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Date Printed: December 21, 2014: 07:45 AM

Private Property of Blue Cross and Blue Shield of Florida.
This medical policy (medical coverage guideline) is Copyright 2014, Blue Cross and Blue Shield of Florida (BCBSF). All Rights Reserved. You may not copy or use this document or disclose its contents without the express written permission of BCBSF. The medical codes referenced in this document may be proprietary and owned by others. BCBSF makes no claim of ownership of such codes. Our use of such codes in this document is for explanation and guidance and should not be construed as a license for their use by you. Before utilizing the codes, please be sure that to the extent required, you have secured any appropriate licenses for such use. Current Procedural Terminology (CPT) is copyright 2014 American Medical Association. All Rights Reserved. No fee schedules, basic units, relative values, or related listings are included in CPT. The AMA assumes no liability for the data contained herein. Applicable FARS/DFARS restrictions apply to government use. CPT® is a trademark of the American Medical Association. The use of specific product names is illustrative only. It is not intended to be a recommendation of one product over another, and is not intended to represent a complete listing of all products available.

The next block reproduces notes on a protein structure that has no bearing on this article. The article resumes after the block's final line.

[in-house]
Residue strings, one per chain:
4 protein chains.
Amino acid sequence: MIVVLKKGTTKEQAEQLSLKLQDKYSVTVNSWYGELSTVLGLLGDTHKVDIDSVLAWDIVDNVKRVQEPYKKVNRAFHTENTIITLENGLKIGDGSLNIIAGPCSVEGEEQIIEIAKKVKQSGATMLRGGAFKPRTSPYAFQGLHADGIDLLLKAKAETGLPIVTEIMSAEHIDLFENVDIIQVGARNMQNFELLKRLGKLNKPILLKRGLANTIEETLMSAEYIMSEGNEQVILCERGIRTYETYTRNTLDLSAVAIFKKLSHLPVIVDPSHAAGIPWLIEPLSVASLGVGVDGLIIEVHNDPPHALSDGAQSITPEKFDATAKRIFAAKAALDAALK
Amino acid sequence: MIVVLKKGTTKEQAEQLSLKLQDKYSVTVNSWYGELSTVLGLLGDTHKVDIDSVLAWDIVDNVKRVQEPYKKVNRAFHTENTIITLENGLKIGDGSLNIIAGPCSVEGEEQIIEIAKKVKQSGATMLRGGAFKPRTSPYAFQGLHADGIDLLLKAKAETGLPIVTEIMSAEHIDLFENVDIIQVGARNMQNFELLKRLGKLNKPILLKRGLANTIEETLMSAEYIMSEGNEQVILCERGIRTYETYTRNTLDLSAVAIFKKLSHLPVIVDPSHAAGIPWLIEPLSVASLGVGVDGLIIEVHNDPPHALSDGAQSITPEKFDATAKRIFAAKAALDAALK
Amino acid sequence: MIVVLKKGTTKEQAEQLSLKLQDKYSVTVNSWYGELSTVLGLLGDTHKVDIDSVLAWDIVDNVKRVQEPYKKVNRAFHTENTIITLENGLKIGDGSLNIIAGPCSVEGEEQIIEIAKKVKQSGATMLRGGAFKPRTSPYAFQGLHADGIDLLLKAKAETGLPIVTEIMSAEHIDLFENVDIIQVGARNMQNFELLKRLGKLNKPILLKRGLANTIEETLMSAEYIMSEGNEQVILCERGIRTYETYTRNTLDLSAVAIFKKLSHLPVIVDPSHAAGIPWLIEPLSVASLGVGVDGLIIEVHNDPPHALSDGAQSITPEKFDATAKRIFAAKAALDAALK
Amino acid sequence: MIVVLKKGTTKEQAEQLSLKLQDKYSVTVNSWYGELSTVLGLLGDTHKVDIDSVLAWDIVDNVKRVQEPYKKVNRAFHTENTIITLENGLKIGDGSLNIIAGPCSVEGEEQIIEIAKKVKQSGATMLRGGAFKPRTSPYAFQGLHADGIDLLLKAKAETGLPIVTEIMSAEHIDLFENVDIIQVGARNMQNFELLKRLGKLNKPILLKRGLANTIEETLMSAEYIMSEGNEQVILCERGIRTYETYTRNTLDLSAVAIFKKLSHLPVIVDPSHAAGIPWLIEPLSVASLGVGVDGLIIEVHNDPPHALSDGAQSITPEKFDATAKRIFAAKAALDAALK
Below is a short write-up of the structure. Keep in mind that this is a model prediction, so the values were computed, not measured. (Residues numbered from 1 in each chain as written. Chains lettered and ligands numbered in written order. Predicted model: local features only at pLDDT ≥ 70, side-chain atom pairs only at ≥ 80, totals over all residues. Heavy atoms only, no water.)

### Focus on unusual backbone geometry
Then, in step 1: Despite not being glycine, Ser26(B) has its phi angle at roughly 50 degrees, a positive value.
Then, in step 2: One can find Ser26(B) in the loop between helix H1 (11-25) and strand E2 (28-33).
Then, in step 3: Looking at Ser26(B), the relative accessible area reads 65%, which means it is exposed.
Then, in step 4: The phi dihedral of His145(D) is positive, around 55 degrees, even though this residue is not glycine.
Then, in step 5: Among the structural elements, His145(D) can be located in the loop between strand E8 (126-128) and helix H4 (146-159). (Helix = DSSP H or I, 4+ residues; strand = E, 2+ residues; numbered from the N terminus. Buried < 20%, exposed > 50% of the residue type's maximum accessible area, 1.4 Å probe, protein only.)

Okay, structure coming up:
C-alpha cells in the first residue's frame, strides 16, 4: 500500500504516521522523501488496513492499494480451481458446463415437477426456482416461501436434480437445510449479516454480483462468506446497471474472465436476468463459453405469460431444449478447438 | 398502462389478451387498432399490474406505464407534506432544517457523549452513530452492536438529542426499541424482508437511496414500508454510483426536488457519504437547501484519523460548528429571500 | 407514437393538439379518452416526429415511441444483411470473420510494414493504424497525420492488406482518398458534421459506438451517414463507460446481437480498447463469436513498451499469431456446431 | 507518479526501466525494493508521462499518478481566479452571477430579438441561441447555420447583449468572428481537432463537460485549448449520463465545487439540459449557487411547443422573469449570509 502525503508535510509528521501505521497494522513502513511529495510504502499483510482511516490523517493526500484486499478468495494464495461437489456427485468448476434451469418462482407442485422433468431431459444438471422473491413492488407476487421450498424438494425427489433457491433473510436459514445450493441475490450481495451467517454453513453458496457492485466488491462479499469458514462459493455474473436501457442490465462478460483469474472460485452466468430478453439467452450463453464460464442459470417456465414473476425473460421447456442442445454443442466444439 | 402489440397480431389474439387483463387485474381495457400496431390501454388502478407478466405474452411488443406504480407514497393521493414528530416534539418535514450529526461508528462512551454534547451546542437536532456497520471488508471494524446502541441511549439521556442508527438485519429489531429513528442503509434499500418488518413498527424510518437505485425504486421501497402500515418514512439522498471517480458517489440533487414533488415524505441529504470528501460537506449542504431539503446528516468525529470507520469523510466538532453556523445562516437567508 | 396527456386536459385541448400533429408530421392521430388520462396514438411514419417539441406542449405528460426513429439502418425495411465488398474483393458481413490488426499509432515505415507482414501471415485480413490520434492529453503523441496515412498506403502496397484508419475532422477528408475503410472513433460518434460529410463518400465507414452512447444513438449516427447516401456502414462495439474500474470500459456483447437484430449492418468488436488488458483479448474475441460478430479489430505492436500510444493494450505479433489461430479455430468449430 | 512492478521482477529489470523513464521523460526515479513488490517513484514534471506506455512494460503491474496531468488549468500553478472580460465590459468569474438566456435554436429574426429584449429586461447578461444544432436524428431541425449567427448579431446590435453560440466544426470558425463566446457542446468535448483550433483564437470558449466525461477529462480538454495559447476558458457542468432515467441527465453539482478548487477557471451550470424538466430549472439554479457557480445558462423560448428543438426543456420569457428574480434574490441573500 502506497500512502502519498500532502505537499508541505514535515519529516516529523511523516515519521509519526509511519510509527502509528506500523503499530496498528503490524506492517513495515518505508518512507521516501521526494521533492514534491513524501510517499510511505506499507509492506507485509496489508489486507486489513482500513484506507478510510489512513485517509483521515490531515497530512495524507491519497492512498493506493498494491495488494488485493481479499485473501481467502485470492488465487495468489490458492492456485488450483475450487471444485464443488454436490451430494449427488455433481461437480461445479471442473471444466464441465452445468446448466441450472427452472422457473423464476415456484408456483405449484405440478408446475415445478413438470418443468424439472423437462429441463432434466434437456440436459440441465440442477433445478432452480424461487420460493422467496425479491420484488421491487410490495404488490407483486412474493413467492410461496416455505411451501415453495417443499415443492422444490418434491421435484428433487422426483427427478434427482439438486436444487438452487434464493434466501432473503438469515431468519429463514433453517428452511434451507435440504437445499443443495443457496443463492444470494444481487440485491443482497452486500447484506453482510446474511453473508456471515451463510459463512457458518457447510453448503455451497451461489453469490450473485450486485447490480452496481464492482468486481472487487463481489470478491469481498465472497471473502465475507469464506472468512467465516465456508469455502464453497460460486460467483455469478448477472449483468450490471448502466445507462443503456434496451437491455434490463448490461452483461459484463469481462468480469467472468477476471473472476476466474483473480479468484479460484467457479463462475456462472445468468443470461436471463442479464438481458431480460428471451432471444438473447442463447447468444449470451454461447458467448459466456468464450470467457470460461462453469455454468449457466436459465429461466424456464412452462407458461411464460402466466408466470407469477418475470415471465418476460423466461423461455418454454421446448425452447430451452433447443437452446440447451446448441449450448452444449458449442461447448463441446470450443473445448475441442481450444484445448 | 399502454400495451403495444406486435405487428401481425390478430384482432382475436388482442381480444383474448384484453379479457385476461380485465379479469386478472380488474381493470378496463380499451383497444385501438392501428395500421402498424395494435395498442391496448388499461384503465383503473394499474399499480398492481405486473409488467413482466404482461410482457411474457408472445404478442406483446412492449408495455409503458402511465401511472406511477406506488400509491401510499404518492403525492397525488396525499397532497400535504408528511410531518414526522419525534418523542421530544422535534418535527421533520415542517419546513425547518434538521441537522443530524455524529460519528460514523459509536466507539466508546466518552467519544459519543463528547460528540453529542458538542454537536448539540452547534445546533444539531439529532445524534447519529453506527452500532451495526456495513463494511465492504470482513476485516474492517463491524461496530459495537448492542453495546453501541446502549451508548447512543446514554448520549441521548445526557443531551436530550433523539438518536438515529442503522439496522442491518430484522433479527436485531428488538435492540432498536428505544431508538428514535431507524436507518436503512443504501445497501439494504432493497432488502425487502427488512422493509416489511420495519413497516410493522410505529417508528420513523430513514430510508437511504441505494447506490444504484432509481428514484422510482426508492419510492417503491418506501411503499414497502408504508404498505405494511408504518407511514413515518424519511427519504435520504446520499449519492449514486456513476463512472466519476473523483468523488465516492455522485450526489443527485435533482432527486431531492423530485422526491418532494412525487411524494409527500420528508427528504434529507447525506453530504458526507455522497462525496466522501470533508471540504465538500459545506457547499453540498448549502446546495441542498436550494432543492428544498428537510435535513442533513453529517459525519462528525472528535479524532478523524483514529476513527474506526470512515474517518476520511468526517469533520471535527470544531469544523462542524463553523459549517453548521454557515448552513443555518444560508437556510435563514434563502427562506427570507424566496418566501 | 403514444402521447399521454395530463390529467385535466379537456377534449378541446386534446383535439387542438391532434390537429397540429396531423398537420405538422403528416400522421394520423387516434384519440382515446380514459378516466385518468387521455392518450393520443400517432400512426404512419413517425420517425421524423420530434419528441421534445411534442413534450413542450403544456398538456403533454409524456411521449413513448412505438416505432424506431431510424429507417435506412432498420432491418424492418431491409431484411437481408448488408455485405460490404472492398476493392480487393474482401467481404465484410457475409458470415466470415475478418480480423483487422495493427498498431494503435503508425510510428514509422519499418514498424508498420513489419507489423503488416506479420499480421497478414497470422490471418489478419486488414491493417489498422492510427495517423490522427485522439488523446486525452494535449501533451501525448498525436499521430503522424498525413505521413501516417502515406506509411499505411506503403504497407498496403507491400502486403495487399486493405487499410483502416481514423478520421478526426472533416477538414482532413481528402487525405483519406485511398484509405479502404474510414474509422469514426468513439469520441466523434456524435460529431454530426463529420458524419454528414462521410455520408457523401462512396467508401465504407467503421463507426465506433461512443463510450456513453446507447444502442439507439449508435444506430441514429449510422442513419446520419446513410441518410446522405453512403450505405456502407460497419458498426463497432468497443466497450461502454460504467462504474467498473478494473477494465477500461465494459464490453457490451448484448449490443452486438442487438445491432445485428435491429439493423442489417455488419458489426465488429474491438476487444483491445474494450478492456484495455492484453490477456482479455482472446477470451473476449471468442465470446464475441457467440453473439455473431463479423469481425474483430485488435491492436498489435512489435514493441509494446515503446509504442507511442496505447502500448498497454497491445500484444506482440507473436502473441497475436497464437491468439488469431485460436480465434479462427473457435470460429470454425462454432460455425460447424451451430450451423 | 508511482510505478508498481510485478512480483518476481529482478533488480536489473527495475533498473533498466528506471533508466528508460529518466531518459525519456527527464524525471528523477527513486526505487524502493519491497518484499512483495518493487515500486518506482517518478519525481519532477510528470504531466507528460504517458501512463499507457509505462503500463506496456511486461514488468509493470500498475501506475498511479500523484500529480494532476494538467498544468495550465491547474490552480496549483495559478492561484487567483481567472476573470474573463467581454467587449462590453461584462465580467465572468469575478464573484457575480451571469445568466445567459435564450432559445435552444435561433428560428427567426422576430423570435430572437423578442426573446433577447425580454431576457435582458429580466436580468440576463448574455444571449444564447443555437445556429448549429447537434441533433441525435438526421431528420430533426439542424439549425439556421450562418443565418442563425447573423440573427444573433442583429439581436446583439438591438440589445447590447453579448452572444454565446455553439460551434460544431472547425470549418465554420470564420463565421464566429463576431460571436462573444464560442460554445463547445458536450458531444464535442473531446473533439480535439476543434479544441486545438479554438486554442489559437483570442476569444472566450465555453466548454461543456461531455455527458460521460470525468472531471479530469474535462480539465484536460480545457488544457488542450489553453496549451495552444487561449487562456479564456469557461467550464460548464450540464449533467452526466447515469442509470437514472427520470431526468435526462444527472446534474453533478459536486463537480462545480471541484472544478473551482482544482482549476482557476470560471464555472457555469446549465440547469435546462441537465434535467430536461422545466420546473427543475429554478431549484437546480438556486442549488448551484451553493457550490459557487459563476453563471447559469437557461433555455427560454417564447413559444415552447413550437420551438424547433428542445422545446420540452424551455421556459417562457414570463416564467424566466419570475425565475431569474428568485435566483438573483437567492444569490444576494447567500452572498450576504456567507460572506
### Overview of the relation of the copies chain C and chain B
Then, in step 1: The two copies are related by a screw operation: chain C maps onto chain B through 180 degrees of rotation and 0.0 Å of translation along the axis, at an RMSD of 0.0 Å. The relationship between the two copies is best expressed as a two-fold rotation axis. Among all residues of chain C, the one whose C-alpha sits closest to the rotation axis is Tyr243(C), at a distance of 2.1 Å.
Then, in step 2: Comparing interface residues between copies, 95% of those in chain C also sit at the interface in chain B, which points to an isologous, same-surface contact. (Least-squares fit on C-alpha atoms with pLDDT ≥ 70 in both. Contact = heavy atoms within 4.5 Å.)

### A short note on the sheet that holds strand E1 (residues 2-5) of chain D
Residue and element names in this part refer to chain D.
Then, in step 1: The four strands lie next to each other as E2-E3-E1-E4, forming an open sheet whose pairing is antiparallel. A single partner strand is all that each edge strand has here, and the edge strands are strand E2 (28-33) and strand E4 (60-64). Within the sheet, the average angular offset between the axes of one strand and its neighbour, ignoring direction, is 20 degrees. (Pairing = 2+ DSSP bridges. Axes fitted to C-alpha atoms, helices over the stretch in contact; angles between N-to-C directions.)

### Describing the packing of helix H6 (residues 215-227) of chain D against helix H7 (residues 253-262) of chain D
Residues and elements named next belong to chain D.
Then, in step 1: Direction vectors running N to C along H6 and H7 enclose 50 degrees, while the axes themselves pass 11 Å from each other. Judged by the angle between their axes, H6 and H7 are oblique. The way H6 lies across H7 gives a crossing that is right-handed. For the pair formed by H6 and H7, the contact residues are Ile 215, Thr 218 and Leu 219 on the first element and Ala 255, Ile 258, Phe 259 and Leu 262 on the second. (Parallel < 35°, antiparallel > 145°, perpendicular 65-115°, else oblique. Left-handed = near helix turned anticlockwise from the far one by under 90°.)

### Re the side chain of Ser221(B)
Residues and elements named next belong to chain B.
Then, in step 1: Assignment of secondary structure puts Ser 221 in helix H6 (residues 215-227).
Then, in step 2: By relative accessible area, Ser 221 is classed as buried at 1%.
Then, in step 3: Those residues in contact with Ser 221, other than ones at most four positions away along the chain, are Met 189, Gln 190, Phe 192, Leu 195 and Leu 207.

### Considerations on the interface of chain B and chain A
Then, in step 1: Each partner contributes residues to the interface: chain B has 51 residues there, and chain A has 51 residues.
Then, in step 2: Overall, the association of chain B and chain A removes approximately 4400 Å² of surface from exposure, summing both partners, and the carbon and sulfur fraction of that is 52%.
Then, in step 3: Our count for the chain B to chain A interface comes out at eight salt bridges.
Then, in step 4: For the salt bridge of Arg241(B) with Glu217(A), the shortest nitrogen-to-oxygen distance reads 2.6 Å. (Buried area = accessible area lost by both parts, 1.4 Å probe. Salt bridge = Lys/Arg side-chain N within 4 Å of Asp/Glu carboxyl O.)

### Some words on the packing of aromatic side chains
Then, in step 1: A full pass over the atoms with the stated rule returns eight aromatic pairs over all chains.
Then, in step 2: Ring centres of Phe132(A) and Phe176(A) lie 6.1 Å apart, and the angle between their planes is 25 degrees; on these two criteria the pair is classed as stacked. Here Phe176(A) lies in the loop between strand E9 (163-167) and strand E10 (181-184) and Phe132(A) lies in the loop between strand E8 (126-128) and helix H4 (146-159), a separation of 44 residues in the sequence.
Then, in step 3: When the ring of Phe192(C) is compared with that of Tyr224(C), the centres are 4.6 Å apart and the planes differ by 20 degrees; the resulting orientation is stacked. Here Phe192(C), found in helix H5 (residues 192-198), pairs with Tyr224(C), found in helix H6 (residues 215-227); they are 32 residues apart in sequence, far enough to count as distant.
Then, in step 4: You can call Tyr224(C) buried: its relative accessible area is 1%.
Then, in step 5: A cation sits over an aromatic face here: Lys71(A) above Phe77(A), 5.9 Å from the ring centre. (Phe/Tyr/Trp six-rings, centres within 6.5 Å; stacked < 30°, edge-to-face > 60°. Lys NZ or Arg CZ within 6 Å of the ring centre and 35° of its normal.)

01-92000-24

Original Effective Date: 01/15/13

Reviewed: 08/28/14

Revised: 09/15/14

Subject: Aqueous Shunts and Stents for Glaucoma

THIS MEDICAL COVERAGE GUIDELINE IS NOT AN AUTHORIZATION, CERTIFICATION, EXPLANATION OF BENEFITS, OR A GUARANTEE OF PAYMENT, NOR DOES IT SUBSTITUTE FOR OR CONSTITUTE MEDICAL ADVICE. ALL MEDICAL DECISIONS ARE SOLELY THE RESPONSIBILITY OF THE PATIENT AND PHYSICIAN. BENEFITS ARE DETERMINED BY THE GROUP CONTRACT, MEMBER BENEFIT BOOKLET, AND/OR INDIVIDUAL SUBSCRIBER CERTIFICATE IN EFFECT AT THE TIME SERVICES WERE RENDERED. THIS MEDICAL COVERAGE GUIDELINE APPLIES TO ALL LINES OF BUSINESS UNLESS OTHERWISE NOTED IN THE PROGRAM EXCEPTIONS SECTION.